Fun

School When You Were a Kid vs. Kids Today (’80s Edition)

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Every generation is different, especially when it comes to youthful trends. And the gap that exists between kids who went to middle school during the 80s and kids who attended school in the 90s and beyond is no different. In fact, some of the things that 80s kids got away with have become downright illegal today.

1. Pick Valentines

Perhaps it was the anticipation of thinking your crush was crushing on you, or perhaps it was the fear of thinking you wouldn’t receive one, but the exchange of Valentines cards and gifts was nothing if not exciting.

Due to too many kids wallowing in self-pity and disappointment throughout the 80s, however, you’d be hard pressed to find this activity in many schools today. And when you do, it’s likely to involve an “all or nothing” policy of gift giving, which, although a bit less humiliating for some, can take away from the “rush” of it all.

2. Supervise Other Kids

There’s something about a badge that just inspires confidence, even when it’s placed on the clothing of a child with zero safety credentials. In the 80s it wasn’t uncommon for kids to be placed in charge of other kids during daily activities—which could go terribly wrong. Thanks to a few too many close calls, this practice has largely been discarded.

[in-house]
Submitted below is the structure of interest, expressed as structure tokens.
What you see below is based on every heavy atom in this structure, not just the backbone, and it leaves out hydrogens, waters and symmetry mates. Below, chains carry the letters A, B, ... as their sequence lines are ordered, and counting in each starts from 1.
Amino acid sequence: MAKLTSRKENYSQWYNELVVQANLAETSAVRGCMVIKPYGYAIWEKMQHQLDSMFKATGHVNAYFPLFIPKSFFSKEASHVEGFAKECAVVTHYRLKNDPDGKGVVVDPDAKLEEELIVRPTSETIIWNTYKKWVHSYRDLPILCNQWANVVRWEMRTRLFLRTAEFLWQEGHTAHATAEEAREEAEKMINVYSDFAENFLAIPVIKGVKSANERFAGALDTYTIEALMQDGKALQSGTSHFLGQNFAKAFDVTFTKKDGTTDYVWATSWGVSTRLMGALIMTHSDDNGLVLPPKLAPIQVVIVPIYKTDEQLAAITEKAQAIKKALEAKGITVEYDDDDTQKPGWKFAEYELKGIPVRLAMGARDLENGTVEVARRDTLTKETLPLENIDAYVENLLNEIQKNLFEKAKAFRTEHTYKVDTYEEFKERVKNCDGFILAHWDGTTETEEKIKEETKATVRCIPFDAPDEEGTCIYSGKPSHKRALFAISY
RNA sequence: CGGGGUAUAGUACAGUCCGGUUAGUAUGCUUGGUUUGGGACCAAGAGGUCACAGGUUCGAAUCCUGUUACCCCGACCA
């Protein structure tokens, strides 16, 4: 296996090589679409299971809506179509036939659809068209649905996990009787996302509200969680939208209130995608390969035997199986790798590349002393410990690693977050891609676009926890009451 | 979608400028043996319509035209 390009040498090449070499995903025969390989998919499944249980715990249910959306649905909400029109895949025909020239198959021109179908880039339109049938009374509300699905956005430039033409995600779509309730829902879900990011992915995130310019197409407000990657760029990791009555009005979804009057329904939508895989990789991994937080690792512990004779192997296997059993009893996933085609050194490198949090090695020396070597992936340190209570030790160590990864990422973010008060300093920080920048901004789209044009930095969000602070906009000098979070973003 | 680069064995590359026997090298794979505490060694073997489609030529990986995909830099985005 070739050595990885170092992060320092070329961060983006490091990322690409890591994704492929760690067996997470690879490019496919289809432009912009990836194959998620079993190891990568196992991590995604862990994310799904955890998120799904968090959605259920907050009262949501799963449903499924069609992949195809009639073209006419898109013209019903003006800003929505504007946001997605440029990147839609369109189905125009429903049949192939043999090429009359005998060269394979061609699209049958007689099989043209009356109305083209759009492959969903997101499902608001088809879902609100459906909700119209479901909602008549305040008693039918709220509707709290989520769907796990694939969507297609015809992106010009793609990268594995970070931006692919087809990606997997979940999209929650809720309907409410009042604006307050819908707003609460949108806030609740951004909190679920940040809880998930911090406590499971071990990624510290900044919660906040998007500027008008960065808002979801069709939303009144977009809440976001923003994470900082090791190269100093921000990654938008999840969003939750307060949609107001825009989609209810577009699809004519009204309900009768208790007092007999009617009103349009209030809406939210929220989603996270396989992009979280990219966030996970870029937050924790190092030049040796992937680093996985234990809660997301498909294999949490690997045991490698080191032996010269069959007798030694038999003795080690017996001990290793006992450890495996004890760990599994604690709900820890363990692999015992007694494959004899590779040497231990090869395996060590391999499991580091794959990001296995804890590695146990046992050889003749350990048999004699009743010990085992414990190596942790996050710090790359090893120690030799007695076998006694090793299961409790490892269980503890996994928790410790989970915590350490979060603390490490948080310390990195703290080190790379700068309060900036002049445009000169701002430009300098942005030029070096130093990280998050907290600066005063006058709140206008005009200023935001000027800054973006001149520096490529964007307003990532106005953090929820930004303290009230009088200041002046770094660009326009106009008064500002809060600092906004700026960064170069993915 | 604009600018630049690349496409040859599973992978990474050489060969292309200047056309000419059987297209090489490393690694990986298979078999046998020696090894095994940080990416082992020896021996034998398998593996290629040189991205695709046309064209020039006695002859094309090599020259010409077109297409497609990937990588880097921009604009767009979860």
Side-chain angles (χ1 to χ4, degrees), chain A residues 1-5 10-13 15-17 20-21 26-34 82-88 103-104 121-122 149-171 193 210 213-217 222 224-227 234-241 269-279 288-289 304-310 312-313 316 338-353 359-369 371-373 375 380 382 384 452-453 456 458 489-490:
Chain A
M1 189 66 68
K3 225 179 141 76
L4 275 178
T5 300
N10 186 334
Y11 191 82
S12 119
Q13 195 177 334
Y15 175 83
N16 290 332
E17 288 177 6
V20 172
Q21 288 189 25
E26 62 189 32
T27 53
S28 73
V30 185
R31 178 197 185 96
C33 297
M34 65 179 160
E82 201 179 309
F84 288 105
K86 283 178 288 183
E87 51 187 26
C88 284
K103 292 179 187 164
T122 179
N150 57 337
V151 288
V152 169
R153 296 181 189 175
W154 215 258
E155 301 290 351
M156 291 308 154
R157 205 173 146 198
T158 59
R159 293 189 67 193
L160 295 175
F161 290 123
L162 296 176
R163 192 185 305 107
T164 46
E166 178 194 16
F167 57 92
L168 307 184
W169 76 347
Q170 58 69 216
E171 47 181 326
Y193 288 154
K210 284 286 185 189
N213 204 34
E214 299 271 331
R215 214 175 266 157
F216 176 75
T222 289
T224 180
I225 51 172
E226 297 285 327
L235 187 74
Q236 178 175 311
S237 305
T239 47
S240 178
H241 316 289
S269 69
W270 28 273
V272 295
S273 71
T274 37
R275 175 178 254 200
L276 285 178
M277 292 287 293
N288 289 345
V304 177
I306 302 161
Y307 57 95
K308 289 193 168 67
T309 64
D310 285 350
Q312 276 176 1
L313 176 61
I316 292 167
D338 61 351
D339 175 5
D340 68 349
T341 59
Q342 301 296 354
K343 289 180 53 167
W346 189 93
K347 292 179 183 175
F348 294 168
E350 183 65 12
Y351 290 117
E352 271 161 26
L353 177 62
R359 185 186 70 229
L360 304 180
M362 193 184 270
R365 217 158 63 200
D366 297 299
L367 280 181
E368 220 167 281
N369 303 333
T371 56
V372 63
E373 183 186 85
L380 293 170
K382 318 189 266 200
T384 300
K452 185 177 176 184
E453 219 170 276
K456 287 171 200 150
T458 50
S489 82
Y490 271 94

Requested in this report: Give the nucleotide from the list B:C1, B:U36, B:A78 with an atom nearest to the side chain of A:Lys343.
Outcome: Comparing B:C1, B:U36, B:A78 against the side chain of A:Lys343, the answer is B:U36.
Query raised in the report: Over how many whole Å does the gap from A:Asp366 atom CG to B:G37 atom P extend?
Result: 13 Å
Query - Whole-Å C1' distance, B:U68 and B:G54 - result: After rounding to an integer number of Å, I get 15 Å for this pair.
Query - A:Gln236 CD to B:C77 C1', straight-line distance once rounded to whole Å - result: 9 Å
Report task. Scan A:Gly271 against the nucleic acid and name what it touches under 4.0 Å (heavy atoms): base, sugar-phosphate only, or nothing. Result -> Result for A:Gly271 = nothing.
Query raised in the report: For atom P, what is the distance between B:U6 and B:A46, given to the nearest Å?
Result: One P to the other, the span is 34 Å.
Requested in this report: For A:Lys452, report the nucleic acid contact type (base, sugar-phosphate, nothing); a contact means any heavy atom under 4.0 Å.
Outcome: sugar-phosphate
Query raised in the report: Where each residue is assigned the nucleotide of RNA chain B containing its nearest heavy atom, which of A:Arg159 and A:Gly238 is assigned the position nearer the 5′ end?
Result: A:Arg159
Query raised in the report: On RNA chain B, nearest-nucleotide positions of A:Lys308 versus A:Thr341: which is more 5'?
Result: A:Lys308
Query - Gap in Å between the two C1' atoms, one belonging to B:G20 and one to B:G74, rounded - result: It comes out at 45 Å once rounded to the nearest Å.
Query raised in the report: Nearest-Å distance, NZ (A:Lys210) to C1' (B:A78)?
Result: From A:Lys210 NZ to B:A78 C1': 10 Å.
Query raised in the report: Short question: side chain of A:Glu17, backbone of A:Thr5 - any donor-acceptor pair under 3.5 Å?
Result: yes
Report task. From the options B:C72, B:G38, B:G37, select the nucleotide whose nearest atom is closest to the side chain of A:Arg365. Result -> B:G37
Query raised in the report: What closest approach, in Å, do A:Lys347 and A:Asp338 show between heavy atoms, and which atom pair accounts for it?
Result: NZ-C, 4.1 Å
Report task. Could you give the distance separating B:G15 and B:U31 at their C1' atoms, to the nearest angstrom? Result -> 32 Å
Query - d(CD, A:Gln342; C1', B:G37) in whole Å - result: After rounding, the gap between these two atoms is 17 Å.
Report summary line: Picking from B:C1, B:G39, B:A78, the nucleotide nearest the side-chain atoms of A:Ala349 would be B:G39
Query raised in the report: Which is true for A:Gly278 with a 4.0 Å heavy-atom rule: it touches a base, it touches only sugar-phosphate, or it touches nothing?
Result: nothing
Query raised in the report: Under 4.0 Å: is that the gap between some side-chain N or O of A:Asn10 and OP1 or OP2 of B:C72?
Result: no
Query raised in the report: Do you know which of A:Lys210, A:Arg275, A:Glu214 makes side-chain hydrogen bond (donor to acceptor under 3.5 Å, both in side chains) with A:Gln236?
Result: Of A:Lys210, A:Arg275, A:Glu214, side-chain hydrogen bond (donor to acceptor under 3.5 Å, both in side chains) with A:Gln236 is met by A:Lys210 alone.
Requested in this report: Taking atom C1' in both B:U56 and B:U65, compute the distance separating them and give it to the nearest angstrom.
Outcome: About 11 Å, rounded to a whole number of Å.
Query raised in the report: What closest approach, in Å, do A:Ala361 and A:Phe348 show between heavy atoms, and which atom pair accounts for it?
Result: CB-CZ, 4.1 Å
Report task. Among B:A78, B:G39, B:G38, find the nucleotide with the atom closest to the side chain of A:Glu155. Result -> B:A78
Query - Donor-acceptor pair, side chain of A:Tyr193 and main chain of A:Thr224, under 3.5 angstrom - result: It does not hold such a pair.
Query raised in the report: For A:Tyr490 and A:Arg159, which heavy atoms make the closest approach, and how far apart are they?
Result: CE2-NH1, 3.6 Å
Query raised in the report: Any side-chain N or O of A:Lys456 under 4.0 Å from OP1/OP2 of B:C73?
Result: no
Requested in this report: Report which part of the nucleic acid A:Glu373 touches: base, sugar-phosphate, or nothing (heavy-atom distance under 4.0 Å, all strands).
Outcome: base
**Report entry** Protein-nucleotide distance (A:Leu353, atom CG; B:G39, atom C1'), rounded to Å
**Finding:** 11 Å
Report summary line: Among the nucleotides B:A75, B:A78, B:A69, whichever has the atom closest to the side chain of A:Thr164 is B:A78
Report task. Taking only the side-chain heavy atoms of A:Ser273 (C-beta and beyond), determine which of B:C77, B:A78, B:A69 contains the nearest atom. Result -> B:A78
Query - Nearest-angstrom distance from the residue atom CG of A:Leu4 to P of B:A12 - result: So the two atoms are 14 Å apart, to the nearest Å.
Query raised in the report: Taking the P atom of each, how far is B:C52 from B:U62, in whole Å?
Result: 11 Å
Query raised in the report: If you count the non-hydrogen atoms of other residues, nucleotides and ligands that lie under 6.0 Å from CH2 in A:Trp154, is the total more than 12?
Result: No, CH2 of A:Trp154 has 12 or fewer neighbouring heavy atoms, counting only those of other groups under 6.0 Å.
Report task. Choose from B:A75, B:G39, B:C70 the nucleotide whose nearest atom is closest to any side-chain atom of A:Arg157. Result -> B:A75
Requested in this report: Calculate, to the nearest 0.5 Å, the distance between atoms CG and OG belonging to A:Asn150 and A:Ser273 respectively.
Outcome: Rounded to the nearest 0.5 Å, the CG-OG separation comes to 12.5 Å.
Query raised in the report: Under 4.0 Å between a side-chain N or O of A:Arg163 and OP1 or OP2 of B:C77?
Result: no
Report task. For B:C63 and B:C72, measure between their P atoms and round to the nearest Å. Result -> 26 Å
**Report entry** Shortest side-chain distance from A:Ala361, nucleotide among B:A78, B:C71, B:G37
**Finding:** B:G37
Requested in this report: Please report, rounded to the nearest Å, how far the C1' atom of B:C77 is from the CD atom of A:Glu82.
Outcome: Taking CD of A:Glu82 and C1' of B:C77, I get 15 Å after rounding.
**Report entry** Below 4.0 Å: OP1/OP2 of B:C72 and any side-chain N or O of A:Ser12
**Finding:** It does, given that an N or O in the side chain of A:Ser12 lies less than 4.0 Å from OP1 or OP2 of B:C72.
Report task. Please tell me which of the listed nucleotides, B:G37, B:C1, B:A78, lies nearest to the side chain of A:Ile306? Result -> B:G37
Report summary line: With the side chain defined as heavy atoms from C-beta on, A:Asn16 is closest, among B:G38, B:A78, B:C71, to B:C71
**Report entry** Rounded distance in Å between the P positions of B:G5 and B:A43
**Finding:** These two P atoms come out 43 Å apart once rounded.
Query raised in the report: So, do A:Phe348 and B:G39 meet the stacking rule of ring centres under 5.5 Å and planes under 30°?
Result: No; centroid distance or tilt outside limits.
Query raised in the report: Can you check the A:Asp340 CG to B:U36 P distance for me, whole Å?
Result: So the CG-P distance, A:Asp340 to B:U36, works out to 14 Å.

3. “Clapping” Erasers

Few 80s kids could resist the strange level of joy that came from “clapping” chalk erasers together to clean them. The giant puff of white dust that emerged out of nowhere just made you feel like you were the coolest person in the room. Thanks to a vast increase in technology in the classroom, however, traditional chalk is more difficult to find these days. Chalk dust is also less-than-ideal for young lungs.

4. Make Ashtrays in Art Class

Ah, different times. In the 80s it seemed that everyone at least knew someone who smoked—making arts and crafts time in school a bit more adventurous than it is today. One common gift that could be made and sent home to mom and dad was the simple ashtray. (Perhaps it was because they were both easy to make, and practical!). However due to the fact that this undoubtedly inspired poor future behavior, and that fewer parents smoke today, this activity has faded out.

5. Play Dodge Ball

Remember the fun that came along with pelting your classmates with large rubber balls during gym class? Well not everyone who played dodge ball in school seemed to enjoy it, since this activity has been largely eradicated from gym classes around the country. Many saw the game as being a bit too cruel and promoting violence, which could end in more than one kid walking off the court in tears. In fact, these days it’s tricky to find gym-time activities that are even that competitive at all.

6. Play War Games